Another Grasshopper Plague? 2023 Forecast
May 11, 2023
Grasshoppers have plagued parts of Montana and surrounding states for multiple years in a row. Bringing destruction in their wake for farmers and ranchers. What is in store for summer 2023?
Gary D. Adams, USDA APHIS State Plant Health Director for Montana, said USDA's grasshopper survey completed last year points to another year of grasshoppers.
"It still looks like we have a pretty significant amount of grasshoppers throughout Montana," said Gary Adams. "It kind of moves around where they're bad. A few years ago, they were in different places and some places it's the same. I would say that there is a significant potential for there to be continued grasshopper populations in 2023."
WATCH: Gary Adams and Lane Nordlund Discuss the forecast for grasshoppers in Montana.
That's not the news many expected, especially with this winter's sub-zero temperatures.
"Some people are going to say we had a cold winter and a lot of snow," said Adams. "My answer to that is that grasshoppers have been around way longer than we have and they're used to Montana winters. Snowpack and snow cover are really just an insulator. I don't think you should expect that the winter had a significant impact on eggs because they're pretty tough. "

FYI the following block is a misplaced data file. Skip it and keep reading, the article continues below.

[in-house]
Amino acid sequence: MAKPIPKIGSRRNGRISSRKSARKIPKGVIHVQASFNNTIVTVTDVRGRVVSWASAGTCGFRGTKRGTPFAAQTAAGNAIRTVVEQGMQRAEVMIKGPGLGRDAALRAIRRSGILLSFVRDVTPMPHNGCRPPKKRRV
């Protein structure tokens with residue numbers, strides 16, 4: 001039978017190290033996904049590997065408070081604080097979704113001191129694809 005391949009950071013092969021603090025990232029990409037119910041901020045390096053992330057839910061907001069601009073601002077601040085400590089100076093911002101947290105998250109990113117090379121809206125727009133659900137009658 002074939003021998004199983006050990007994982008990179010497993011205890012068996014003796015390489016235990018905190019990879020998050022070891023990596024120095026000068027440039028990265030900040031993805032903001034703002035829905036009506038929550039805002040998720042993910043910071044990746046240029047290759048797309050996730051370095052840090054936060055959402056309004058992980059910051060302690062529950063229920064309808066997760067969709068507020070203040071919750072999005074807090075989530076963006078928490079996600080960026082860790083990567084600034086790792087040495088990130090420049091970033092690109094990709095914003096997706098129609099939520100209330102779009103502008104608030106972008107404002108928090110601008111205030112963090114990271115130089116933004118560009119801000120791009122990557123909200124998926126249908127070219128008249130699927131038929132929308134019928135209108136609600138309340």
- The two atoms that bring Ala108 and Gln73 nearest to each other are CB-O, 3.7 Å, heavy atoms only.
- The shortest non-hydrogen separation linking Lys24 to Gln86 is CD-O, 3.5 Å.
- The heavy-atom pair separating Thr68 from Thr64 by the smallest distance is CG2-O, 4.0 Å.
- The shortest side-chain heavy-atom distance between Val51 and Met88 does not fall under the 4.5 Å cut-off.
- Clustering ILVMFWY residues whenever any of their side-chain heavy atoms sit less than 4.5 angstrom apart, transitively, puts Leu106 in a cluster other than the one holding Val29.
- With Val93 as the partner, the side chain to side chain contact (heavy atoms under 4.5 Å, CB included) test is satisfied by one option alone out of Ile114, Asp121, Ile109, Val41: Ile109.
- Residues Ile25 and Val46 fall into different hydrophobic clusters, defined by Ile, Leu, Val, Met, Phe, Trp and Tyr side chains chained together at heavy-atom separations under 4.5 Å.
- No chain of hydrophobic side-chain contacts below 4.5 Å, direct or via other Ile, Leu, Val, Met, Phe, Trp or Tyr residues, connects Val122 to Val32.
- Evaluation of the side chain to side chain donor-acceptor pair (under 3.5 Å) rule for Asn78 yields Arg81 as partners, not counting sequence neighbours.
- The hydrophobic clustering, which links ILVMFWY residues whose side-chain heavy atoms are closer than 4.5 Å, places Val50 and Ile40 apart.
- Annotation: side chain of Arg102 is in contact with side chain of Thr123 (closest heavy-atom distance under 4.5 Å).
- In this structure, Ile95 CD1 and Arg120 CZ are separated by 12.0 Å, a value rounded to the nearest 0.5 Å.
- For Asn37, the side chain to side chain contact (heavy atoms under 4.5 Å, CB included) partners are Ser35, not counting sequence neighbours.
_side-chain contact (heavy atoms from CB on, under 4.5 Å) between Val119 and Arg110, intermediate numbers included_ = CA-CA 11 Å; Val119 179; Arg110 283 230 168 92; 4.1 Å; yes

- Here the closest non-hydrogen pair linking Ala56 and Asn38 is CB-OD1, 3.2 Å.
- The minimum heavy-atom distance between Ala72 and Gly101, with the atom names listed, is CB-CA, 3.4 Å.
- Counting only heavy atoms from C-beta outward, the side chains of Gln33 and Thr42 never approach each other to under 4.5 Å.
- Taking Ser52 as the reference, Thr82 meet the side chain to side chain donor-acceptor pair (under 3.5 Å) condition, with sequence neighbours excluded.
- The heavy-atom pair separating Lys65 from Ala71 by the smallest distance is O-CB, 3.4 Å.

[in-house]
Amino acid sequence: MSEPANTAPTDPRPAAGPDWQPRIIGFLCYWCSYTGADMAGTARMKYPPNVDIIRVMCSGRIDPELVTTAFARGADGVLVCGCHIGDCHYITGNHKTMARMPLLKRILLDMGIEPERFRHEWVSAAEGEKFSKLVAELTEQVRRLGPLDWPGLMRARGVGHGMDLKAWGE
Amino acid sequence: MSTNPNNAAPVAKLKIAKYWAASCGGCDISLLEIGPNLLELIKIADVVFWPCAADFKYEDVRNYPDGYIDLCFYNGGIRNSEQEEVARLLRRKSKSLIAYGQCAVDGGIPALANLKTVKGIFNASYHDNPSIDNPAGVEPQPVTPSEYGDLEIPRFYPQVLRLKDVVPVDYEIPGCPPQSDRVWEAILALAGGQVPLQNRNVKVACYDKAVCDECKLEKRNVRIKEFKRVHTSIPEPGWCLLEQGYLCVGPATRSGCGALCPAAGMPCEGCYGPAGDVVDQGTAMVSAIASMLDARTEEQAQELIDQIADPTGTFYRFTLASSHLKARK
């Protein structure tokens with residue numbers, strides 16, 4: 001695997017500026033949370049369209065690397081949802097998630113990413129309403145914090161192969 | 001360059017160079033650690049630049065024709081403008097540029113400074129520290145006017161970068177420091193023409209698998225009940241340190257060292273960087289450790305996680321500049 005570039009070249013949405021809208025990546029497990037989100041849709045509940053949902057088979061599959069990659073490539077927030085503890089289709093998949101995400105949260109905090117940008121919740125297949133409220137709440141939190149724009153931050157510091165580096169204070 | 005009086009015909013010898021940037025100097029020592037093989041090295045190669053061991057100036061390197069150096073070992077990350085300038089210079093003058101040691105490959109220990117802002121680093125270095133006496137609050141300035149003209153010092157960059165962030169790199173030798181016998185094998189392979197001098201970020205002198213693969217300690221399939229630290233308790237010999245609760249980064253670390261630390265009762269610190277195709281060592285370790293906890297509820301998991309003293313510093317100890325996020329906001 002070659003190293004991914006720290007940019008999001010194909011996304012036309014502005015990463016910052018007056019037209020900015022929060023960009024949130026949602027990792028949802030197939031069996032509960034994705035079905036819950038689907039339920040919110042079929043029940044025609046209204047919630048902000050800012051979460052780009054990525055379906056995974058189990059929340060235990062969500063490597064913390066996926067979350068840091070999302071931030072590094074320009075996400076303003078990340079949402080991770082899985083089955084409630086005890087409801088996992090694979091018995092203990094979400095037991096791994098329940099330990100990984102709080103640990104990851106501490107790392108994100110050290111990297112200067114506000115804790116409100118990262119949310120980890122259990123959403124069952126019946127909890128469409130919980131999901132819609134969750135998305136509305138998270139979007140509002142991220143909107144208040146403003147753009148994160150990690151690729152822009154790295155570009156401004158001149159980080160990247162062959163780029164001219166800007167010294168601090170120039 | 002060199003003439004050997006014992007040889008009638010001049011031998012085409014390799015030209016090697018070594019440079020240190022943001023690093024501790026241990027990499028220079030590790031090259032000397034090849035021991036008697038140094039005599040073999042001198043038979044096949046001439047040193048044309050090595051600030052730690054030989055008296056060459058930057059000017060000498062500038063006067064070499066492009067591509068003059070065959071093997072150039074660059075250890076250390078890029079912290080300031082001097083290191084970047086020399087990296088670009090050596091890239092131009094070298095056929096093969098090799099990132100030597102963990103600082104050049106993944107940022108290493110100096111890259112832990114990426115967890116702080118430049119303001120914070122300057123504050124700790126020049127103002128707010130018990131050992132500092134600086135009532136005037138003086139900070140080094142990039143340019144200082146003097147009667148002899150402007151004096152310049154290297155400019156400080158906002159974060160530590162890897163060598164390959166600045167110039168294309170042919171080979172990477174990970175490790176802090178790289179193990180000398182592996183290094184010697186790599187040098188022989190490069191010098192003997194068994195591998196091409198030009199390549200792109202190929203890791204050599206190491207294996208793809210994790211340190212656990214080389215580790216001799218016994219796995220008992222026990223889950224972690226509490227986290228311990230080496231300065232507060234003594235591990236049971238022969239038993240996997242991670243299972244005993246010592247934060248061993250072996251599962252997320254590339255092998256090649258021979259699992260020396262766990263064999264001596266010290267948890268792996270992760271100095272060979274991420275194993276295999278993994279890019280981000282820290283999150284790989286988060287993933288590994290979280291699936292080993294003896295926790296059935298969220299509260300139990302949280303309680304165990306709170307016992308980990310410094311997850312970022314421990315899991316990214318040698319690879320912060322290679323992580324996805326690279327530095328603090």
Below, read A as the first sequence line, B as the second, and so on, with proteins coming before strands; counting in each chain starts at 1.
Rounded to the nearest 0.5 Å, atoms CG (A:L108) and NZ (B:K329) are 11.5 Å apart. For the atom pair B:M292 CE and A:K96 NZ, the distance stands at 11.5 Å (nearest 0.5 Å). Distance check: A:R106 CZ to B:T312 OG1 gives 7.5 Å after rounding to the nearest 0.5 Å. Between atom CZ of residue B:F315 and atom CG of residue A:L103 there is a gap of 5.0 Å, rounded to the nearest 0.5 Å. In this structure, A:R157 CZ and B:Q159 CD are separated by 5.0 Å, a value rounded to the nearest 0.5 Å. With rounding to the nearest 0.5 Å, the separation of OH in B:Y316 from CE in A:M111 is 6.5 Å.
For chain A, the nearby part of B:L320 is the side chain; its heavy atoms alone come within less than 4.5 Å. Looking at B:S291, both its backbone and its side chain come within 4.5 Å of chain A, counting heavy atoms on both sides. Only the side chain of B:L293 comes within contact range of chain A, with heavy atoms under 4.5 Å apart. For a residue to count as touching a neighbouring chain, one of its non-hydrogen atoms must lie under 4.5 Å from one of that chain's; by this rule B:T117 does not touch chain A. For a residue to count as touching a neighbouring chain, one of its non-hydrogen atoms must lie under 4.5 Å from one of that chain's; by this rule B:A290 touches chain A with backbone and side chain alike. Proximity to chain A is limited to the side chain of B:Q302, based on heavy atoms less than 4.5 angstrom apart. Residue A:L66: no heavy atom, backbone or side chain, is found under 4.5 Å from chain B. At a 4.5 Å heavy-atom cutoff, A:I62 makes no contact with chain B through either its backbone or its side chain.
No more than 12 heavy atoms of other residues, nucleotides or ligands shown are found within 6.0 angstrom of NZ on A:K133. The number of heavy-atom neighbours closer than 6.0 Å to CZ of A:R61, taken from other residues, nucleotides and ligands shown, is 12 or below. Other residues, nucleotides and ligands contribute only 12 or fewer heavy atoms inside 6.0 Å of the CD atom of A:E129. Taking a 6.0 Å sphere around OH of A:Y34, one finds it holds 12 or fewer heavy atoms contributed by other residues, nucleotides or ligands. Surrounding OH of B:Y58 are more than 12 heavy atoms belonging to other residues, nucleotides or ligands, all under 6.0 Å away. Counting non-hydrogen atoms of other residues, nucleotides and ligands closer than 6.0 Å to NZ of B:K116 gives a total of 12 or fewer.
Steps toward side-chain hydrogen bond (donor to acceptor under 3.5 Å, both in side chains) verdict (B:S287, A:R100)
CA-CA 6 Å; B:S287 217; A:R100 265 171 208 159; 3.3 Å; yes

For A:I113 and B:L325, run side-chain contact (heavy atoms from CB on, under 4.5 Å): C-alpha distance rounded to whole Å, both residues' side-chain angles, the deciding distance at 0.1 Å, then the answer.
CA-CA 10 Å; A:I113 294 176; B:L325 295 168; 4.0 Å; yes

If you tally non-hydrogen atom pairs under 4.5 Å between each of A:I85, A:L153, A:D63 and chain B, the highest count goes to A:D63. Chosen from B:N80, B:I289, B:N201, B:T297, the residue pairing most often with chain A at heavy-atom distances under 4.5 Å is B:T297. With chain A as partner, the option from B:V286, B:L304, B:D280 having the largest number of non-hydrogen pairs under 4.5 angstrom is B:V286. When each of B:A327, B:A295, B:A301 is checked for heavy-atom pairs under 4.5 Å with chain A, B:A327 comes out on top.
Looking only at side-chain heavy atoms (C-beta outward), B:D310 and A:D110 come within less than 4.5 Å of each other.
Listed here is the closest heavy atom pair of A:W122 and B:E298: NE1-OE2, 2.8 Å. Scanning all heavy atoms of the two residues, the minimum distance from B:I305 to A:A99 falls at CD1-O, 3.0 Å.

Adams said early scouting for grasshoppers is important.
"The trick is really to get out there in the spring and in June and monitor what's happening early," said Adams. "You don't want to wait until grasshoppers are laying eggs if you want to manage them. You need to do it in a timely manner and not wait until it's too late. Once they're laying eggs, it's my opinion, it's pretty tough to manage them at that point."
If an outbreak occurs, by request, USDA APHIS will work with landowners to apply chemical controls to rangelands. That's only if funding is available.
"If there's an area of rangelands (the program only covers rangeland) of 10,000 acres or more then you should just call me," said Adams. "We'll try to have a meeting or discussion with you and your neighbors to try to figure out if the program will work for you. If the funding's available and we can get a program together and it meets the requirements then we will pay one-third of the total cost of the treatment of private acres."
For ranchers who also have federal land grazing allotments, those federal agencies must also make a request to USDA APHIS for grasshopper management enrollment.
With federal funding always an issue, many landowners do choose to pay for chemical applications out of their own pockets to protect their rangeland to try and prevent a reinfestation of grasshoppers.
Landowners are also encouraged to contact their local county extension office for more educational resources.
Gary D. Adams
State Plant Health Director-Montana
(406) 431-6531 (Cell)
Source: Western Ag Network